OS Grid ref:- SK073566
The small, isolated village of Butterton-in-the-Peak is set in a beautiful location overlooking the Manifold Valley
The name is of Anglo-Saxon origin and derives from ‘butere’, meaning butter, and ‘dun’ meaning hill.
The attractive village is built of local sandstone and lies on an old packhorse route, once used to carry ore from the copper mines at Ecton. At the centre of Butterton is a small ford where the Hoo Brook runs across the cobbled village street. (pictured left) The village contains some attractive stone cottages, the village pub, the Black Lion Inn, (pictured below right) dates from 1782. The pub has traditional open fires, serves meals and snacks and offers bed and breakfast accomodation. There is also a village tearoom.
St Bartholomew’s Church was rebuilt in 1871 and designed by Ewan Christian. The church has an extremely tall spire which dominates the local landscape. It contains a memorial plaque to Joseph Wood, Rowland Cantrill and William Hambleton, who died tragically, trying unsuccessfully to rescue Joseph Shenton from a disused mine shaft in 1842. A church has occupied the site since the thirteenth century.
There are several footpaths leading from the village The Manifold Way footpath and cycle way runs for 8 miles (13 km) from Hulme End in the north, where there is a visitors centre within the old station building to Waterhouses in the south, mostly through the Manifold Valley and the valley of its tributary, the River Hamps, following the route of the former Leek and Manifold Valley Light Railway.
The nearby Manifold Valley is more open than neighbouring Dovedale with grassland and woodland along the banks of the river, which is occasionally interrupted by the spectacular outcrops and crags. The mix of woodlands, grasslands and limestone crags of the valley combine to provide a very rich variety of habitats for wildlife. The Manifold Valley has a number of caves, the most famous of which is Thor's Cave. The ruins of Throwley Old Hall, a large medieval manor house and once the seat of the influential Meverall family stand nearby.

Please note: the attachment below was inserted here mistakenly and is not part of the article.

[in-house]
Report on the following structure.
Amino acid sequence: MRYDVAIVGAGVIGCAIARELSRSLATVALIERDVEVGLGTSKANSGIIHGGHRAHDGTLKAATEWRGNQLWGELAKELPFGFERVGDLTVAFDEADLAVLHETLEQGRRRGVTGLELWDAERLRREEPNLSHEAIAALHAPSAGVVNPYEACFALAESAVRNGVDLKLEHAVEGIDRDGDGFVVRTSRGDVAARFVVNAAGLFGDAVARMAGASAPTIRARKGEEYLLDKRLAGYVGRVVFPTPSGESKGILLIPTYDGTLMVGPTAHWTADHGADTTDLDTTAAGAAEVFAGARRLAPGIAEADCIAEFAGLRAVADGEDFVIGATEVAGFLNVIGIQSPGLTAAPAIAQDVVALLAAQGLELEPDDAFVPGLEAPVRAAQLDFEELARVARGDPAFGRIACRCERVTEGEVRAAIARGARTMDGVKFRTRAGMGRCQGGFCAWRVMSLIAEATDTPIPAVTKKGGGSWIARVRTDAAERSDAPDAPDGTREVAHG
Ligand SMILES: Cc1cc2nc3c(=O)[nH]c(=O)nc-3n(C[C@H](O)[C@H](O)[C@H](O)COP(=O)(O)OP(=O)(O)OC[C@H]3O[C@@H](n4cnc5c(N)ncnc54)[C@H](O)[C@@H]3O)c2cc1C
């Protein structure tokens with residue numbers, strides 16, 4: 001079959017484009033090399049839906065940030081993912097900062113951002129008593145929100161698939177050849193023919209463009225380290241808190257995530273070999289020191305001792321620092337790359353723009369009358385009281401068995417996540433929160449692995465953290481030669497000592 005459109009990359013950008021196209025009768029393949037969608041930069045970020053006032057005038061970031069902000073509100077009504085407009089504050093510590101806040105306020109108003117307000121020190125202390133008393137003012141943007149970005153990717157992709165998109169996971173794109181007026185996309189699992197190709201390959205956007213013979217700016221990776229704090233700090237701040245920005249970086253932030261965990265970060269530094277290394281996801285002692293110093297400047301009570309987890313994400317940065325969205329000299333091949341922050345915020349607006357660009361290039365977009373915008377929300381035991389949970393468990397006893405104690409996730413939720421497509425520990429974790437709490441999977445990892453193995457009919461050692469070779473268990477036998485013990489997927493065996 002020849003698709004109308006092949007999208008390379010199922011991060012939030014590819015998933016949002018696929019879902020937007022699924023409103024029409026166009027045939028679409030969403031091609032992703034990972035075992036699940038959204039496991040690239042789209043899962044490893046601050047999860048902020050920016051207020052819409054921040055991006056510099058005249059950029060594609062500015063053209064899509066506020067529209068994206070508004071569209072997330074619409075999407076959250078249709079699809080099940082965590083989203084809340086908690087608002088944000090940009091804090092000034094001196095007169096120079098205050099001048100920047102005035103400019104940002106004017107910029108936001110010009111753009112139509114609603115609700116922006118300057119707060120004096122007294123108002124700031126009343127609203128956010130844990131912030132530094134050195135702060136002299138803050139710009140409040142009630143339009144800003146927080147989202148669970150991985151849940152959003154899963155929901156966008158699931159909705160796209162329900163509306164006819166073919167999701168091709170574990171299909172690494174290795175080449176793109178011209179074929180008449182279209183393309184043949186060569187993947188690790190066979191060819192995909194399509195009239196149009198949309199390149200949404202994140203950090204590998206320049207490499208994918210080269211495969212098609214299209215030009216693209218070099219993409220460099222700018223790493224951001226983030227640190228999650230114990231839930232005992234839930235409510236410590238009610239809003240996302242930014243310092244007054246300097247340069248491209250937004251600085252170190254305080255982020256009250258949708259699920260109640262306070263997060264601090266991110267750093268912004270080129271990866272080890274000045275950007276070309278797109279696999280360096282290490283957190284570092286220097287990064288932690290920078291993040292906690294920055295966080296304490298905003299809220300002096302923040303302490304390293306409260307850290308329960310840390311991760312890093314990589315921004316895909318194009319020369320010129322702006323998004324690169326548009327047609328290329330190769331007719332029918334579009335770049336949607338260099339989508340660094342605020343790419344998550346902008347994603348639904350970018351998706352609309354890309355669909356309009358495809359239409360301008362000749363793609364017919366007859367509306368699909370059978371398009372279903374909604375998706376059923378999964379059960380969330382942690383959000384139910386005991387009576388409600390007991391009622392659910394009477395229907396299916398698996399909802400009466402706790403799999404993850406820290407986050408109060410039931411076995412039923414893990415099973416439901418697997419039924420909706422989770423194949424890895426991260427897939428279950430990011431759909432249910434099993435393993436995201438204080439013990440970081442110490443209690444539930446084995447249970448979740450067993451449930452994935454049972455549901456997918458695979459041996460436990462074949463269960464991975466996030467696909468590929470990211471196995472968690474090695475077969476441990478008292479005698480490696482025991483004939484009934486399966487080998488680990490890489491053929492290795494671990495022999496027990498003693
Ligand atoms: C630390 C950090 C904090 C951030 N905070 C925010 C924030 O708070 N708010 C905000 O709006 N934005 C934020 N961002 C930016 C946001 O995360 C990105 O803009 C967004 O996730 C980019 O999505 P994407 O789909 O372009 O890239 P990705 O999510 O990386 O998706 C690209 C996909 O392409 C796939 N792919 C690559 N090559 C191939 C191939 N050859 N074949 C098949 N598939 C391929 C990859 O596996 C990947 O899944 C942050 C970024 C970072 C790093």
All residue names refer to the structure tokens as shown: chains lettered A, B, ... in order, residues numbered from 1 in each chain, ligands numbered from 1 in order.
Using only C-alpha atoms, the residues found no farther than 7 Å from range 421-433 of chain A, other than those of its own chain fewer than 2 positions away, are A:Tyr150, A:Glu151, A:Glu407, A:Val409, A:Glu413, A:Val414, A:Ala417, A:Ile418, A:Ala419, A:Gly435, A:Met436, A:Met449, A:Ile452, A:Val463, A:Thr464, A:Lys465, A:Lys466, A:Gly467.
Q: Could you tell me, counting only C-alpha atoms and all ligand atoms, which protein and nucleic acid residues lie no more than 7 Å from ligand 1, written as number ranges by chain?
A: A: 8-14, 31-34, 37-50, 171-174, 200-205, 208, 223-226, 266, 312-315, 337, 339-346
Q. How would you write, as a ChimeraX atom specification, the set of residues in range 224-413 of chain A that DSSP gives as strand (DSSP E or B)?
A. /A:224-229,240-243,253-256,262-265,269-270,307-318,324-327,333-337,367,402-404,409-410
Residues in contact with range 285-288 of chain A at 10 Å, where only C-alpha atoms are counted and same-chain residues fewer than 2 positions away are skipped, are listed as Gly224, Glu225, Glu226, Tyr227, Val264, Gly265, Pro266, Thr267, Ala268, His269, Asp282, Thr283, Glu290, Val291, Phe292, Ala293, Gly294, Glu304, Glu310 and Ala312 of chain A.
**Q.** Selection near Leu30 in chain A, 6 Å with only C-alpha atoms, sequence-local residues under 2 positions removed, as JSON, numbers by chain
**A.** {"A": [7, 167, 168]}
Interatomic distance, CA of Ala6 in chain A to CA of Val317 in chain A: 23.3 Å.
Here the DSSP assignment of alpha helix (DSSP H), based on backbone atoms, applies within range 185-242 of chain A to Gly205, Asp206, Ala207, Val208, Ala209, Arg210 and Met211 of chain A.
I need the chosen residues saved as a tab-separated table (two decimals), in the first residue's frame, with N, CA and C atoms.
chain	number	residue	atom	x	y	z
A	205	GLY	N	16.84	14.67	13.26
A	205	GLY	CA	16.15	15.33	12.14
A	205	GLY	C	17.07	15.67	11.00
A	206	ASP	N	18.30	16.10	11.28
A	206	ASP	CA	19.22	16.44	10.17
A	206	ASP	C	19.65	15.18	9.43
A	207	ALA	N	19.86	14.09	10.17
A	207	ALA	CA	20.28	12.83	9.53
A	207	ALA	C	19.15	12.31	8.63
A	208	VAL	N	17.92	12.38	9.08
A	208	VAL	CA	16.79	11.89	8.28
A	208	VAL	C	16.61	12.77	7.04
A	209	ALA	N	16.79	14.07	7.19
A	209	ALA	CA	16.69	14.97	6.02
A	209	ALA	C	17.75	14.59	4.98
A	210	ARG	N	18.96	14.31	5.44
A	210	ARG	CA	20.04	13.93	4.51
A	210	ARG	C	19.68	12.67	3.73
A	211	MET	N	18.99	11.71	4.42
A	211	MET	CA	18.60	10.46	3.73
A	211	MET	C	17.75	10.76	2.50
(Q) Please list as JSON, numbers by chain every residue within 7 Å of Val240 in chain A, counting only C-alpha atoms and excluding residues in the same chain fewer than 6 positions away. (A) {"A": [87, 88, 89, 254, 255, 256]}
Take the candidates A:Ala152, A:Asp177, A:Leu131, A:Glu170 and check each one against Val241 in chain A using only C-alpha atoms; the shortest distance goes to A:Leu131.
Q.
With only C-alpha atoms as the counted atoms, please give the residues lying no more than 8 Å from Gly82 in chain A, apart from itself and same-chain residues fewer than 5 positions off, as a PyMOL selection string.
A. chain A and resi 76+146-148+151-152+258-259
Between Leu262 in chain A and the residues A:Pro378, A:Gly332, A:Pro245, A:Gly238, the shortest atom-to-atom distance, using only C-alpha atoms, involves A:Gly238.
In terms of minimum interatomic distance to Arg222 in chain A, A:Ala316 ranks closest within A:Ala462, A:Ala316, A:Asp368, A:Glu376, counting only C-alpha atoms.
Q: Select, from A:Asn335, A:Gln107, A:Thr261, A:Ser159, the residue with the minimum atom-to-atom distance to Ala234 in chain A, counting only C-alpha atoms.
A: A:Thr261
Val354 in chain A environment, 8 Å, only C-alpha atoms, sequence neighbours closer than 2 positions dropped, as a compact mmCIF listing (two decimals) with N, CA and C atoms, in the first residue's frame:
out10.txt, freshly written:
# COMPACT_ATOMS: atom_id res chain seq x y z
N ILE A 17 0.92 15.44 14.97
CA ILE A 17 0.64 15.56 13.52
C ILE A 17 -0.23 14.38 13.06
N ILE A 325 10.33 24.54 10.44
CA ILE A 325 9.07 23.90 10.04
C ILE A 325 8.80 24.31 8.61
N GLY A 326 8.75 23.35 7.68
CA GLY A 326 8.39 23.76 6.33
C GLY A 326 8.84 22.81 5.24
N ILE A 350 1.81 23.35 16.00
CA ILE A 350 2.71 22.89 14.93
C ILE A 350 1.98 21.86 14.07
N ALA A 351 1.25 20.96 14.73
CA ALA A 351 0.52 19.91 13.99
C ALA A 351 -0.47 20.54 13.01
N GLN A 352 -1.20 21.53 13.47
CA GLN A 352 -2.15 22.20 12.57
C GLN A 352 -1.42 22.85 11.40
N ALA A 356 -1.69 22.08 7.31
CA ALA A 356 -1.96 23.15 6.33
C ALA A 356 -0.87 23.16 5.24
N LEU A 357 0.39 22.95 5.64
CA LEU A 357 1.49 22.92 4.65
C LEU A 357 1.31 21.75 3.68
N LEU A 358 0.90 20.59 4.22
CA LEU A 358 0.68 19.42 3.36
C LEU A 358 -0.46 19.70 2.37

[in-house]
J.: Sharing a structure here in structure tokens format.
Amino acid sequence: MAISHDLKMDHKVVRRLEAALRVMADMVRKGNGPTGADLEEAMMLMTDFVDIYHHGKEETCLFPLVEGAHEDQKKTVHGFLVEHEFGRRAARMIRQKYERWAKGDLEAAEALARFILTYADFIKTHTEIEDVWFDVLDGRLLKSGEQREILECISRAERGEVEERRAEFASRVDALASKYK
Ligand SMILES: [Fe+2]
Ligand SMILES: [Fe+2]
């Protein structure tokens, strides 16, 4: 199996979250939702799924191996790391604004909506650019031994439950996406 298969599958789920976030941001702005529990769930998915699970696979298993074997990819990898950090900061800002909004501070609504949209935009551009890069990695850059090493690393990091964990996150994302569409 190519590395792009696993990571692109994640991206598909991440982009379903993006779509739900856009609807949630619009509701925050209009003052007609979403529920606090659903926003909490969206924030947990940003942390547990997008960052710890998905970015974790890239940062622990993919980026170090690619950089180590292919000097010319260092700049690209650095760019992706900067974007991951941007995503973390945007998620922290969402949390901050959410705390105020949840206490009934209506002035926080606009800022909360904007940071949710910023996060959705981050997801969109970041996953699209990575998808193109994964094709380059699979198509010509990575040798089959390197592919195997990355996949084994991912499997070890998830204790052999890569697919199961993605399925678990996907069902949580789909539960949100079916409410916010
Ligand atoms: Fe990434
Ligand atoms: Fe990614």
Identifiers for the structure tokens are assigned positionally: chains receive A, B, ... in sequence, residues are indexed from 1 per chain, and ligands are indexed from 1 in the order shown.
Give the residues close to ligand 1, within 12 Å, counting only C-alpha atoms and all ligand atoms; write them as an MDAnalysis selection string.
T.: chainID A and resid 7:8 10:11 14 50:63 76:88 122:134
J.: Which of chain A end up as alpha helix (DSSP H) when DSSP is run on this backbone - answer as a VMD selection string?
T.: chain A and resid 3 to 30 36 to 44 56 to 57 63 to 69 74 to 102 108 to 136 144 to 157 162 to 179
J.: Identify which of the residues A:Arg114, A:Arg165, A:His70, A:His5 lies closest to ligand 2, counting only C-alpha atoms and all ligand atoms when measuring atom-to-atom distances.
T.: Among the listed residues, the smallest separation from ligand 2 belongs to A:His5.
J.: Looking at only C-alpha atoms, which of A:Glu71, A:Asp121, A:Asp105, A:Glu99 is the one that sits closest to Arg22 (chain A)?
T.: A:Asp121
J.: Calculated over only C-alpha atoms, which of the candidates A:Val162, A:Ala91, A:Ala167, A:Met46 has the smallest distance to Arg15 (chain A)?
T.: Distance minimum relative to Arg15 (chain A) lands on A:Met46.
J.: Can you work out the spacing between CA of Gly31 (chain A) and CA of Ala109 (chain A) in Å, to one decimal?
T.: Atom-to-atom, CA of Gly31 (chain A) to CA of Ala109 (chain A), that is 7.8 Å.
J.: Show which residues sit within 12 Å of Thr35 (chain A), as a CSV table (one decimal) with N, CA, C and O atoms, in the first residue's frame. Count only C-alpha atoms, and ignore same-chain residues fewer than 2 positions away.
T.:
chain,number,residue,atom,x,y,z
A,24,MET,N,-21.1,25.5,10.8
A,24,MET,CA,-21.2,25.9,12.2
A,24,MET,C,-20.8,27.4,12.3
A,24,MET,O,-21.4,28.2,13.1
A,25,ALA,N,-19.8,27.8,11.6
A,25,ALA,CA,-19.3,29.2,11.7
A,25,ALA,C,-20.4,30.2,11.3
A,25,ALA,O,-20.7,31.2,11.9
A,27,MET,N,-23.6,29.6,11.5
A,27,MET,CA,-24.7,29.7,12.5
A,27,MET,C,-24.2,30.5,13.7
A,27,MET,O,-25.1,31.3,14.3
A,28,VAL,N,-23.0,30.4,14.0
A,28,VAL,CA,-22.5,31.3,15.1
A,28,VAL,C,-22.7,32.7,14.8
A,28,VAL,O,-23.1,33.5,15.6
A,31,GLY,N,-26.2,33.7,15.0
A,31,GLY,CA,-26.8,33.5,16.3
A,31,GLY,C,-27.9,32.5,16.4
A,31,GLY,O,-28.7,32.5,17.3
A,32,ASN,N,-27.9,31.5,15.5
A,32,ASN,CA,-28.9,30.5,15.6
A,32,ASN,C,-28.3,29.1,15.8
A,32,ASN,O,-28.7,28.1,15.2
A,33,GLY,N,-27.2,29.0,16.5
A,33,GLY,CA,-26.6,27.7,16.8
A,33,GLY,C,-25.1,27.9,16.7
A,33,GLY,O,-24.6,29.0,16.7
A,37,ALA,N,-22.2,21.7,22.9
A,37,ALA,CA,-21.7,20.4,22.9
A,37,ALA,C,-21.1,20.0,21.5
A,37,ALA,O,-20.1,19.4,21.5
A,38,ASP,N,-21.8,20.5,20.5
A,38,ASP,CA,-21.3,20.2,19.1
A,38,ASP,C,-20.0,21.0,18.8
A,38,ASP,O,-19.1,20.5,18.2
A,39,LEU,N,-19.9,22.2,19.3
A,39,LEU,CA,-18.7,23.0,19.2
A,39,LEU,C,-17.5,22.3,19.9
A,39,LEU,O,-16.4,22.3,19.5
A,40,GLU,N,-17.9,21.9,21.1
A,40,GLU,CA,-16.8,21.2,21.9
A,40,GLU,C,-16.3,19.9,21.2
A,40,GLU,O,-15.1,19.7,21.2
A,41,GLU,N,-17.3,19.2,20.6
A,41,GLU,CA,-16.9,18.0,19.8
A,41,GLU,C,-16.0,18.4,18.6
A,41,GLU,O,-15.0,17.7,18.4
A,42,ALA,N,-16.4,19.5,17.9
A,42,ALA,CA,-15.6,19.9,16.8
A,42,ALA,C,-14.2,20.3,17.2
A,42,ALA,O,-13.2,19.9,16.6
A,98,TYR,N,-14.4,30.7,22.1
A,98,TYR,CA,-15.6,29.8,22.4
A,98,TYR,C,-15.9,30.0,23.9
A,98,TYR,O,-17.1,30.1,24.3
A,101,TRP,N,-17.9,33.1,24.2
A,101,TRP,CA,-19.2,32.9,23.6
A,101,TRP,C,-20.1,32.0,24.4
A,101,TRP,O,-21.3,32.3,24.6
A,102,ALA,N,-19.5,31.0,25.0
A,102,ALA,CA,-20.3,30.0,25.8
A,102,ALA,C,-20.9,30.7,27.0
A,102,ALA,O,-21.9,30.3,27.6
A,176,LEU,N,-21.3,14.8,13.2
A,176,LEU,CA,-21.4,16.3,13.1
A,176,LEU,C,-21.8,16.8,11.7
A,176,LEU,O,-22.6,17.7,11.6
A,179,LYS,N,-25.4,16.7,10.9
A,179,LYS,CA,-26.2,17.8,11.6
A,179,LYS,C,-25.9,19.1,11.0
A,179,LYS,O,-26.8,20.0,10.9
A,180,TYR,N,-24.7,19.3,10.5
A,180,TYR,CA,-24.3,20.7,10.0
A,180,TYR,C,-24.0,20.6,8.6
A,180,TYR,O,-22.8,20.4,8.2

The Butterton Gala takes place every August bank holiday Monday.
Nearby places of interest
The Manifold Valley, which runs almost parallel with Dovedale, has been described as the 'Switzerland of Staffordshire' and offers some of the most spectacular scenery in the Peak District National Park.
Dovedale, a dramatic limestone ravine, with its mpressive rock outcrops and tranquil woodlands is arguably the prettiest of the dales in the Peak District National Park and is owned by the National Trust.
Biddulph Grange, one of Britain's most exciting and unusual gardens, was created by the horticulturalist James Bateman (1811–1897), for his large collection of plants from around the world.
Haddon Hall near Bakewell, is an architectural gem. Dating back to the eleventh century, the hall has been described as "the most complete and most interesting house of [its] period", it is the finest example of a medieval manor house currently in existence in England.